A phage endoneuraminidase that specifically cleaves alpha-2, 8-1inked polysialic acid has been found to be a useful probe for examining the biological role of this sugar moiety on the neural cell adhesion molecule (NCAM). The enzyme caused a 3.3-fold increase in the rate of NCAM-dependent aggregation of membrane vesicles from chicken embryonic brain, without the nonspecific effects previously encountered with the use of exoneuraminidases. The enhancement of aggregation was closely correlated with removal of sialic acid as assessed by electrophoretic mobility. Extension of this analysis to cultures of spinal ganglia indicated that removal of sialic acid by the endoneuraminidase results in an increase in the thickness of neurite bundles. This enhancement of fasciculation was reversed by addition of anti-NCAM Fab, suggesting that the enzyme treatment was not toxic and did not produce nonspecific effects on adhesion. Injection of the enzyme into the eyes of 3.5-d chicken embryos consistently produced a striking array of abnormalities in those parts of the neural retina that contained the highest concentrations of NCAM at the time of injection. These perturbations included a dramatic thickening of the neural epithelium in the posterior eye, a failure of cells in this region to elongate radially, formation of an ectopic optic fiber layer, and an incomplete association of the presumptive pigmented epithelium with the neural retina. These results provide the first direct evidence that the polysialic acid on NCAM has a regulatory effect on adhesion between living cells, and that the amount of this carbohydrate is critical for the normal morphogenesis of nerve tissue.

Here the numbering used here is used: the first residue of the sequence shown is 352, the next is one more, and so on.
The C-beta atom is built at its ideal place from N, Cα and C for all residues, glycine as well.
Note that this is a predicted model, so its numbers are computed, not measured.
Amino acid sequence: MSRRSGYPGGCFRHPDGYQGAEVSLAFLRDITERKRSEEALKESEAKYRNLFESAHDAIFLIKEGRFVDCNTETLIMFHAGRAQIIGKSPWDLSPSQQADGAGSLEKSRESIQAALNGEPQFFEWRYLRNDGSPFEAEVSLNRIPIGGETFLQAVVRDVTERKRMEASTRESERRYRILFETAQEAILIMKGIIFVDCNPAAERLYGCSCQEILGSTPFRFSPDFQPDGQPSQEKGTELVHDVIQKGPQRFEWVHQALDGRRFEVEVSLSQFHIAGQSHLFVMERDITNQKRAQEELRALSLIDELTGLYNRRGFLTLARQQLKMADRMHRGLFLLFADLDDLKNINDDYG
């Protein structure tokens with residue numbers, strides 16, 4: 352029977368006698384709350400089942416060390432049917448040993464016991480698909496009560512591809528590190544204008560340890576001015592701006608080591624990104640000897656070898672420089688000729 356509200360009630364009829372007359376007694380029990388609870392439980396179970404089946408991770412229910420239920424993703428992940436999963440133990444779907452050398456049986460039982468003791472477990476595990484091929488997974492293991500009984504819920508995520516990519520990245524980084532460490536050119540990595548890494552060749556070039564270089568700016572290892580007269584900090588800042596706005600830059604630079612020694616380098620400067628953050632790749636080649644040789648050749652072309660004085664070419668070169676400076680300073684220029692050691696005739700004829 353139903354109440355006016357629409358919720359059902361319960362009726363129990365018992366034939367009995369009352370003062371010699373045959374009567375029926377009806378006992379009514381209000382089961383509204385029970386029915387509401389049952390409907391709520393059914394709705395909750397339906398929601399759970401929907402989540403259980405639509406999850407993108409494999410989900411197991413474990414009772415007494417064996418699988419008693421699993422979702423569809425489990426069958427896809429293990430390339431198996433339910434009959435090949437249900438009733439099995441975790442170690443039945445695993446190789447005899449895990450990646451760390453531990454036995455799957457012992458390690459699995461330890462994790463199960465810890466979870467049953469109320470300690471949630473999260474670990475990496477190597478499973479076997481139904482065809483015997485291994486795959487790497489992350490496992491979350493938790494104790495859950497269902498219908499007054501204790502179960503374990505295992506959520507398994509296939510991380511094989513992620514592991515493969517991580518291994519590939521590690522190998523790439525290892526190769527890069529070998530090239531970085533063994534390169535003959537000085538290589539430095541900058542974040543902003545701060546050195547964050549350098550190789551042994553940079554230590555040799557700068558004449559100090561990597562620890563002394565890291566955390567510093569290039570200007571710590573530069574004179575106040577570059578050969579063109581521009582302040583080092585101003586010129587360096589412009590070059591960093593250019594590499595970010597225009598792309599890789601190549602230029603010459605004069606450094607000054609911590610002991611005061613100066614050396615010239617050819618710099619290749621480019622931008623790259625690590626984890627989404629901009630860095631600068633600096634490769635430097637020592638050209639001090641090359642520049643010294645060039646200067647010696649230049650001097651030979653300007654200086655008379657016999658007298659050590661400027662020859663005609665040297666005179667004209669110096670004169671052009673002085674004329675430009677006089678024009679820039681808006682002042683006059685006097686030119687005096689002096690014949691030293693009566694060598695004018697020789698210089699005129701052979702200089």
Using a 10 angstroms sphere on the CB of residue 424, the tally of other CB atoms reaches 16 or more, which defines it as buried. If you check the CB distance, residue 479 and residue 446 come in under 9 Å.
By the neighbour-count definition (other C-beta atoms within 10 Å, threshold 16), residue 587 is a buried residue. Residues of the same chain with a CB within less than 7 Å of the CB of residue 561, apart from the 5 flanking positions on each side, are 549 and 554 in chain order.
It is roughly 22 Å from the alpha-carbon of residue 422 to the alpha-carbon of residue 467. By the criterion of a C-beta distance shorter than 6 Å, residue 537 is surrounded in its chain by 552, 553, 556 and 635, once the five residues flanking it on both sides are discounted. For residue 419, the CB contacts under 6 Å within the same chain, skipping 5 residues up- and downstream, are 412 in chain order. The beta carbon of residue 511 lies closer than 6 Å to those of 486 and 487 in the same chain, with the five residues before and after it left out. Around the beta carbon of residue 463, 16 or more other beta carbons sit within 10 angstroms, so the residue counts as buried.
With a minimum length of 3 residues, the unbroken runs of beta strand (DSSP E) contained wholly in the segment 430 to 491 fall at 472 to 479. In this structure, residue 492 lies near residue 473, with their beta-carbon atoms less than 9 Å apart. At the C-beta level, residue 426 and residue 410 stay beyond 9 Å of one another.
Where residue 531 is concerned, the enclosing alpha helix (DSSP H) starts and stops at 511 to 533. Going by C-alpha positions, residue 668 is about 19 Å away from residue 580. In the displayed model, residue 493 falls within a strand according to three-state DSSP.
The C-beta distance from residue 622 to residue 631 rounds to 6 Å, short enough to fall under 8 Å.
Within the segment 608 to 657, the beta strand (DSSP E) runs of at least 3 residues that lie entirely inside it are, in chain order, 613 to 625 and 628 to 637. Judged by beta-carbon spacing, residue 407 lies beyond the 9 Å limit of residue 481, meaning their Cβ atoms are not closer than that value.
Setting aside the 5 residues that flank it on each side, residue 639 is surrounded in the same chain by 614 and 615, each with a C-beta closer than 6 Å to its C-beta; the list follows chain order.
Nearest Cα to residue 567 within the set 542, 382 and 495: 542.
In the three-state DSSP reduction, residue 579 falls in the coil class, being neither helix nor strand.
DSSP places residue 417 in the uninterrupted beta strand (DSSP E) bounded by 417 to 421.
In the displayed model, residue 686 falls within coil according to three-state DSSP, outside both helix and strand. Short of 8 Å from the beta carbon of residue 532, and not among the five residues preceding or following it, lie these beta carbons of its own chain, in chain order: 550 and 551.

ASJC Scopus subject areas
- Cell Biology